solve some math problems.

Jennifer started with $13 in her piggy bank.


For two weeks, she added $3 each week.
Then for two more weeks, she added $4 each
week. How much money did she have saved
at the end of the four weeks?

1 Read.
You know Jennifer had $13 to start.
You know she added $3 each week for 2 weeks.
You know she added $4 each week for 2 more weeks.
You want to know the amount of money she had
after 4 weeks.

2 Plan.
You can make a table that begins with the amount
Jennifer started with and add the amount she saved
each week.

22
Table
3 Solve.
Make a table that organizes what you know.
START WEEK 1 WEEK 2 WEEK 3 WEEK 4
AMOUNT
$3 $3 $4 $4
ADDED
TOTAL
$13
SAVED

Add the amount that was saved each week to the


total from the week before.
START WEEK 1 WEEK 2 WEEK 3 WEEK 4
AMOUNT
$3 $3 $4 $4
ADDED    
   
TOTAL
$13 $16 $19 $23 $27
SAVED

Jennifer had saved a total of $27 after the four weeks.

4 Check.
Does your answer make sense? Yes. Check your
addition for each week.

23
Make a
M aking a list can help you keep track of
information you will use to solve a
word problem.

A soccer league uses red or white shorts


and blue, red, or white shirts for each team.
How many ways can the shorts and shirts
be combined?

1 Read.
You know there are red or white shorts.
You know there are blue, red, or white shirts.

You want to find out how many ways the shorts and
shirts can be combined.

2 Plan.
Make a list of all the different combinations.

3 Solve.
First list the red shorts with each shirt color.

24
List
Red shorts Blue shirt
Red shorts Red shirt
Red shorts White shirt

Next list the white shorts


with each shirt color.

White shorts Blue shirt


White shorts Red shirt
White shorts White shirt

Now count the total number


of combinations.

There are six combinations


of shorts and shirts that can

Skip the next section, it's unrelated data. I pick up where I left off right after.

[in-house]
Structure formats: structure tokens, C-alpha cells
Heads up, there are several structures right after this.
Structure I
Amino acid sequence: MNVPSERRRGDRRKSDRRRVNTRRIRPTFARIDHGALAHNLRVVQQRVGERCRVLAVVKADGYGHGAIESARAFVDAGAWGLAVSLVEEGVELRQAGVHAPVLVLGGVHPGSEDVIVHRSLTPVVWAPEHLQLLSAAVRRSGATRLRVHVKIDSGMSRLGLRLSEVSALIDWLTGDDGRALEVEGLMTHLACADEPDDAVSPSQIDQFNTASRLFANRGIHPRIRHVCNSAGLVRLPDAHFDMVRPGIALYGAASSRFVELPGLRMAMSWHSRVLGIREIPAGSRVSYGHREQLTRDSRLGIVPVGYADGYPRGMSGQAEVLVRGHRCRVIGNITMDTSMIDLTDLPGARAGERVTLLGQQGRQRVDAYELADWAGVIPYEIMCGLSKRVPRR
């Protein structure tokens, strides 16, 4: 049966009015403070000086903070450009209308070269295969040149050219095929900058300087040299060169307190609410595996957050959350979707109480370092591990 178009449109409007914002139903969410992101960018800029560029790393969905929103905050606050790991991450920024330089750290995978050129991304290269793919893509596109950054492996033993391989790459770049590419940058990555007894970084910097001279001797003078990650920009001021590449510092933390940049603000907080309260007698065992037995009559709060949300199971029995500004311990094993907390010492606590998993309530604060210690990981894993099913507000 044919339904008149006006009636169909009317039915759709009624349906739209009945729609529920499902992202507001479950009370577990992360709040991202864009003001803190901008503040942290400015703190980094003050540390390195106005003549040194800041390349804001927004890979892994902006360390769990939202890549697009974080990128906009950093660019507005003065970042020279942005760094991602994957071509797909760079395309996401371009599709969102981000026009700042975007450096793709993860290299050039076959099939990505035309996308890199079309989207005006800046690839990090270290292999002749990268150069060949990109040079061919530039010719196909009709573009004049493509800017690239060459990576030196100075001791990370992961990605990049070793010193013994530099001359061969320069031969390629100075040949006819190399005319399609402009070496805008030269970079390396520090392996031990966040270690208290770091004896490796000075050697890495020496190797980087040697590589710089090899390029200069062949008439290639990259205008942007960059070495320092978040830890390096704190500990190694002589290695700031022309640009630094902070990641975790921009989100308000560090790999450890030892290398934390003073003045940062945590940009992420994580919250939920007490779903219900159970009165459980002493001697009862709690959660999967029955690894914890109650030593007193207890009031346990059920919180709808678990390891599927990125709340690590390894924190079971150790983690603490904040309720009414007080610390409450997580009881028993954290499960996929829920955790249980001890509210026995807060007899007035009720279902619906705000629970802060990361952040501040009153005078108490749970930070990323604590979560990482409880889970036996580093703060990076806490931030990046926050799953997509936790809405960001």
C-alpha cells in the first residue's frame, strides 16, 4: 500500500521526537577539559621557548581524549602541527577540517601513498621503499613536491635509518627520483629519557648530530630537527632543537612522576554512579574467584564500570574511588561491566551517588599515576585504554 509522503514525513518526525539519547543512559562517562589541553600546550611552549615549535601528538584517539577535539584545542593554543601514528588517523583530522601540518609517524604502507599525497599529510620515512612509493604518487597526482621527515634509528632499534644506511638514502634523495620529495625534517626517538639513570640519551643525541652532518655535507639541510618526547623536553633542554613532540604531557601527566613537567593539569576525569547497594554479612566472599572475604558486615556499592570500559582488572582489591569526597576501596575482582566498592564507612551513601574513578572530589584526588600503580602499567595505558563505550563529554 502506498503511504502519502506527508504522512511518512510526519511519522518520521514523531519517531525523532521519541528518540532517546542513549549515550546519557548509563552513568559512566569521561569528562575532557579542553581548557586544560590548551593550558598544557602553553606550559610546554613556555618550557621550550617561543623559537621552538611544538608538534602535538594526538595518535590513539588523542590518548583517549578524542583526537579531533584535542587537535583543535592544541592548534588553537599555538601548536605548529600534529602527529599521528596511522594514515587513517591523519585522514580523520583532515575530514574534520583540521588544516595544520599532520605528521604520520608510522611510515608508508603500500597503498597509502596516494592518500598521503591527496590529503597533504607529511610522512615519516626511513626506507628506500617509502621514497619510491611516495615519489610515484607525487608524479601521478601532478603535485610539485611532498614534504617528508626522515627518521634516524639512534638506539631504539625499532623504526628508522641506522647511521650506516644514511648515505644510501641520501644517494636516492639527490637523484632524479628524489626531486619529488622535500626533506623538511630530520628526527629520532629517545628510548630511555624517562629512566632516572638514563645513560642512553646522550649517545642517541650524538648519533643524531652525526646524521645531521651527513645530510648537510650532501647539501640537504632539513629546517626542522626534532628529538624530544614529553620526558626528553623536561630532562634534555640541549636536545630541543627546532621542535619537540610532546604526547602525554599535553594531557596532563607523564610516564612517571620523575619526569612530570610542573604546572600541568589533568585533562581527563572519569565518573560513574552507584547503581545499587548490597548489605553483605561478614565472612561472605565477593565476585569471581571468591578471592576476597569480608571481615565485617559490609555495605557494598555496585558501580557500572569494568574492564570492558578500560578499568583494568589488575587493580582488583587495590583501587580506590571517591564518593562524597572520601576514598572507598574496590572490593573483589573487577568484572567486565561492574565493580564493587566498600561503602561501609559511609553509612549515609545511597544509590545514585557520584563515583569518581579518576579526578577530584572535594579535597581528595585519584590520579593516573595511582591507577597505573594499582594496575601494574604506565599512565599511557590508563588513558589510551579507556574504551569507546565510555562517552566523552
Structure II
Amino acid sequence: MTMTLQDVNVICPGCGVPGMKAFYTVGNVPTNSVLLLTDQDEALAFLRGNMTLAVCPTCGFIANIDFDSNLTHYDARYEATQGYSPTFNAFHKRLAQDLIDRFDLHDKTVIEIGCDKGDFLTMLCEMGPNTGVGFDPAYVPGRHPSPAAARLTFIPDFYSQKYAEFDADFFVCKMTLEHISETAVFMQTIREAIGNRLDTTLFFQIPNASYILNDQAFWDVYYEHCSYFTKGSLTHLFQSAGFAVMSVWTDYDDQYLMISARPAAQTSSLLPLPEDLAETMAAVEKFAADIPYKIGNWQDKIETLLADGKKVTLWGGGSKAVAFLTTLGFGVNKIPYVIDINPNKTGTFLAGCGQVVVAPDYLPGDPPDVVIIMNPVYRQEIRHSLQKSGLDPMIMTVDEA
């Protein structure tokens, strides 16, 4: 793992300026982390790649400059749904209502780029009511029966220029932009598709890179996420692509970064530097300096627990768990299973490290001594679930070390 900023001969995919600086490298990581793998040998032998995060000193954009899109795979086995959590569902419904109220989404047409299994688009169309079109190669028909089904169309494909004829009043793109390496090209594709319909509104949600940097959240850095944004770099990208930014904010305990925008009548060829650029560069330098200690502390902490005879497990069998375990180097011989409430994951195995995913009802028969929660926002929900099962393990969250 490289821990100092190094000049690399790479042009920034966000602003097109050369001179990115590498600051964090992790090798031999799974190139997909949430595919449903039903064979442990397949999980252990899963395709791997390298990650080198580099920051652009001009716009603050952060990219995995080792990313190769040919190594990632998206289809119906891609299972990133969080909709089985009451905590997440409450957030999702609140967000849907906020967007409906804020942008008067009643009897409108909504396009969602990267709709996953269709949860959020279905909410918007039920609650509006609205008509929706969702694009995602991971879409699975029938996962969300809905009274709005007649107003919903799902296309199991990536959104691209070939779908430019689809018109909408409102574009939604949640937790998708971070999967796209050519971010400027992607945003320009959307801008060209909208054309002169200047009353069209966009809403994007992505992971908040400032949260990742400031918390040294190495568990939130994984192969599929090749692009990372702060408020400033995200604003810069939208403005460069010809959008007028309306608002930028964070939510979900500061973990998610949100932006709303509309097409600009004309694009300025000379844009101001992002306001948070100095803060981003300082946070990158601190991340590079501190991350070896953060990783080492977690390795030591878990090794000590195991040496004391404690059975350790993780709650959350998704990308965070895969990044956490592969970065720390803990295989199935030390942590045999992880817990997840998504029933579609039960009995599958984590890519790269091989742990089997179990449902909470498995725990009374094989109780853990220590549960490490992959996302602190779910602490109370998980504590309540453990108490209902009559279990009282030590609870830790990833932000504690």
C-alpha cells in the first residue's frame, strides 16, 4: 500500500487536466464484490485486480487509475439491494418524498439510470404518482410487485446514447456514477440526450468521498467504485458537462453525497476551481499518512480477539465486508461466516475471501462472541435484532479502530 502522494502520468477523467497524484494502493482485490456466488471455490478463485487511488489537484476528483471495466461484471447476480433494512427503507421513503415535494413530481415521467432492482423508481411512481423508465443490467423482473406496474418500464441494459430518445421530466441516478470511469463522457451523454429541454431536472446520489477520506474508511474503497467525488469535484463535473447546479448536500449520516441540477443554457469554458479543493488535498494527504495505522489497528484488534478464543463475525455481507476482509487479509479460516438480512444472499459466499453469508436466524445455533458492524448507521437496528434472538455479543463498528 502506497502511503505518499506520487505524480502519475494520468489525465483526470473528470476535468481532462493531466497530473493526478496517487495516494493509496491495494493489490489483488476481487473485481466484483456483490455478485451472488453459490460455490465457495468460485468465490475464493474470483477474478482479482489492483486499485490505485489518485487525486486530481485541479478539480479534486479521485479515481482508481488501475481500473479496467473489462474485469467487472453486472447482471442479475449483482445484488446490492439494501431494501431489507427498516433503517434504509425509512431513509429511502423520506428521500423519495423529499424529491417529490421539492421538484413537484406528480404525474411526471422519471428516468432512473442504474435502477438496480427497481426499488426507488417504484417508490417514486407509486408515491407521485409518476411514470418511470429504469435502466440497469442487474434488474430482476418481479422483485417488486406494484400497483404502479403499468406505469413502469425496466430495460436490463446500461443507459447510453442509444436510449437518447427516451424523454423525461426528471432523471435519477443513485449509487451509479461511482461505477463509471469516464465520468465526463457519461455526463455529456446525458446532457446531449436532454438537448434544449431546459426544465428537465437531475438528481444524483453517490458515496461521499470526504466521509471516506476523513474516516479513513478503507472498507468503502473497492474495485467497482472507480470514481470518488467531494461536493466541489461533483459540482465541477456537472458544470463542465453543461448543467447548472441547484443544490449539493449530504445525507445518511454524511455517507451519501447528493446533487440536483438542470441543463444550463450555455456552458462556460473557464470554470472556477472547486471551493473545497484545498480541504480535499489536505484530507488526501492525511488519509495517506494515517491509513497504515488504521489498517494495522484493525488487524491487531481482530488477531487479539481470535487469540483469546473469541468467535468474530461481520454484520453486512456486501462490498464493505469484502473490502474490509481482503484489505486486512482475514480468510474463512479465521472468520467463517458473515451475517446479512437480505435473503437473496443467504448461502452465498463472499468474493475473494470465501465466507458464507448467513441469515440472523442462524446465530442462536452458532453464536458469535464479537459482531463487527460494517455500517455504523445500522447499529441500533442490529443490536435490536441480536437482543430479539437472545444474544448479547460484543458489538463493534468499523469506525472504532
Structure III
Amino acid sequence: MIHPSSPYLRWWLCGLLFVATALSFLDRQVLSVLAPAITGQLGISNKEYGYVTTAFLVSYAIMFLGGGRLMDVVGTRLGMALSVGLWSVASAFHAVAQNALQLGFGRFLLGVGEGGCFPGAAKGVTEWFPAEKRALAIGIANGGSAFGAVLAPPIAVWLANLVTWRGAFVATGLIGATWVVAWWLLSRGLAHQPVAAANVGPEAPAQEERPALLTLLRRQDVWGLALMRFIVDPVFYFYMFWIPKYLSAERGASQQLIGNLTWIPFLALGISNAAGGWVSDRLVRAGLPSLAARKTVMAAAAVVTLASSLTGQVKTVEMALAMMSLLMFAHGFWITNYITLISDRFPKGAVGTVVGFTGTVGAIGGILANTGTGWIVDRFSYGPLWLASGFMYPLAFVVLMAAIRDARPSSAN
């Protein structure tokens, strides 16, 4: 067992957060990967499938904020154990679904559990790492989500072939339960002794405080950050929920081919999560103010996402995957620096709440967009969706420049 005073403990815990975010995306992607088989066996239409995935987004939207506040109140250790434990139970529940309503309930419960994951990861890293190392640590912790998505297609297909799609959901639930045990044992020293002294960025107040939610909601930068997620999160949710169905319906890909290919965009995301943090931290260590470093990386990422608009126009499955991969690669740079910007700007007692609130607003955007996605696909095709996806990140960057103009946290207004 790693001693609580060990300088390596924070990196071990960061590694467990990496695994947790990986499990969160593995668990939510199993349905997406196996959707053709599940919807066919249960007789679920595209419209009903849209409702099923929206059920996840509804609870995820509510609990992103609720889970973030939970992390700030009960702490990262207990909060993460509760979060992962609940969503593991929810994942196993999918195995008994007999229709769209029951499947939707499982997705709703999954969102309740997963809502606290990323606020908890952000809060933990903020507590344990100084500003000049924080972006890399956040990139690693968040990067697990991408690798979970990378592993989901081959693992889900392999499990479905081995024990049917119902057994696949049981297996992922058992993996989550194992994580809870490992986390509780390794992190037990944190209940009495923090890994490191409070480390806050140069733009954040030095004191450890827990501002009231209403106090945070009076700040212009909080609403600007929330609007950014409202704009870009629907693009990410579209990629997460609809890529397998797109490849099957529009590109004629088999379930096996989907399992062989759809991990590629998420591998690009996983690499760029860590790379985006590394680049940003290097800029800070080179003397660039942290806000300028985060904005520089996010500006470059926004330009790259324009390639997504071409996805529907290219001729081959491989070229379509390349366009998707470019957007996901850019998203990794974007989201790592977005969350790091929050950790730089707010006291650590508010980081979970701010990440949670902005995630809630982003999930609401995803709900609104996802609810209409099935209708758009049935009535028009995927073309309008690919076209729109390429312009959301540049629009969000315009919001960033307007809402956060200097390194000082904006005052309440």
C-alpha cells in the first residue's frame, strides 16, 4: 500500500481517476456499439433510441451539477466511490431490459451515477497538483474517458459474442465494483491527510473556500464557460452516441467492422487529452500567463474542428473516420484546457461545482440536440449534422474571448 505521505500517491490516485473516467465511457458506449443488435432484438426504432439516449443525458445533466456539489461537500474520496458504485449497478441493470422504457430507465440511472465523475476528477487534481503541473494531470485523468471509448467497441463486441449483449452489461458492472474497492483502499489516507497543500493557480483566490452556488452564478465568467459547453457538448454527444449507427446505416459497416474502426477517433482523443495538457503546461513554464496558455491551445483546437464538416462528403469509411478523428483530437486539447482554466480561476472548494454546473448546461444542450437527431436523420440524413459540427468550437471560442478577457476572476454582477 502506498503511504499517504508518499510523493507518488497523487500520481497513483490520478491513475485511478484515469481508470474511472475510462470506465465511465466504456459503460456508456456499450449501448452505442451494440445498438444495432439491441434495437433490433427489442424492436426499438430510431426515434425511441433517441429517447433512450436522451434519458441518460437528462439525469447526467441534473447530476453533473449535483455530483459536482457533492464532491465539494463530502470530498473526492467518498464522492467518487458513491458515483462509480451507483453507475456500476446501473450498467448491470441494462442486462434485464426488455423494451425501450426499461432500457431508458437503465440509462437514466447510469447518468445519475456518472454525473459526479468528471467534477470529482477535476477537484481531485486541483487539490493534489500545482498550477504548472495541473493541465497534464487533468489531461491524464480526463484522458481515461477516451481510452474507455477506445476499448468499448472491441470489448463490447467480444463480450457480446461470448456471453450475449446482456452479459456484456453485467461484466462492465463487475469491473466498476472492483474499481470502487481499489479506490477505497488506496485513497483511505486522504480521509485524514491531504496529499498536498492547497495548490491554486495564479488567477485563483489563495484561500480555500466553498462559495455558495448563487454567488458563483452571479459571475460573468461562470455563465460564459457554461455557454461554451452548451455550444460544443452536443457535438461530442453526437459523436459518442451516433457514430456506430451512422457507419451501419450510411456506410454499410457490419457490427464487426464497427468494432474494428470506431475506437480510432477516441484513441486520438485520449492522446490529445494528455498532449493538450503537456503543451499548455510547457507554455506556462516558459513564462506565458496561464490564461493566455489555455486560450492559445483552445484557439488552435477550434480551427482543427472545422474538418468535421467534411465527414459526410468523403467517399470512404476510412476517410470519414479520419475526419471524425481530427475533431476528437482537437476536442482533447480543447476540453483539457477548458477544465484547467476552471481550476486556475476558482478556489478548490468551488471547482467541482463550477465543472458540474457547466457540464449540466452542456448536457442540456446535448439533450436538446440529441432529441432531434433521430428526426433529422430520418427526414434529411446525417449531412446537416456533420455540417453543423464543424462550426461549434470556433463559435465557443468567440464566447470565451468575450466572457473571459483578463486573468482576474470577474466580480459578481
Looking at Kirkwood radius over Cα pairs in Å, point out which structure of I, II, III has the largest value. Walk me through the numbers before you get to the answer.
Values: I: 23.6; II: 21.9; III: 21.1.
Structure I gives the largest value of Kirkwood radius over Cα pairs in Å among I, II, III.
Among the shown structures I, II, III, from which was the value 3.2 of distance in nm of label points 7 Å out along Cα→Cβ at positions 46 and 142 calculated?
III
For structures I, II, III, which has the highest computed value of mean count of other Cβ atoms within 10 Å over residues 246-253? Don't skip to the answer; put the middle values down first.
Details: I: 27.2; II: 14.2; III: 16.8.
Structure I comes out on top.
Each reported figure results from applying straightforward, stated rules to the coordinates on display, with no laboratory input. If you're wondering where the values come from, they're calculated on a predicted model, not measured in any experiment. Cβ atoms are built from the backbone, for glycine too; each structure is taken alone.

be made.

4 Check.
Make sure you did not skip
any colors on your list.
Count the total number of combinations again.

25
Work
S ome word problems can be solved by starting
at the end and working backward.

Bonita spent $3 playing a game at a fair. She


won a stuffed rabbit. Her friend gave her $5
for the rabbit. Bonita had $9 after her friend
bought the rabbit. How much did
she have before she played the game?

1 Read.
You know Bonita spent $3
on a game.
You know she got $5 for the rabbit.
You know she had $9 after
she sold the rabbit.

You want to find how much


money she started with.

2 Plan.
You know what Bonita had at the end. You need to
find what she had at the beginning. You can work
backward from the end to the beginning.

26
Backward
3 Solve.
Bonita ended with $9.
Take away the $5 her friend gave her to find how
much Bonita had before she sold the rabbit.
$9  $5  $4
Bonita spent $3 on a game. Add the $3 back to
find what she had before she played the game.
$4  $3  $7
Bonita had $7 before she played the game.

4 Check.
When you work a problem backward, check the
answer by working forward.
Bonita had $7 at the beginning of the fair.
She spent $3 on a game.
$7  $3  $4
Then, she sold the rabbit she won for $5.
$4  $5  $9
Bonita had $9 after she sold the rabbit. This
matches the problem. The answer is correct.
27
Make an
If the numbers in a word problem seem too hard,
try using easier numbers to understand the
problem first.

Four students in Mr. Brooks’ class played


checkers against each other. Each student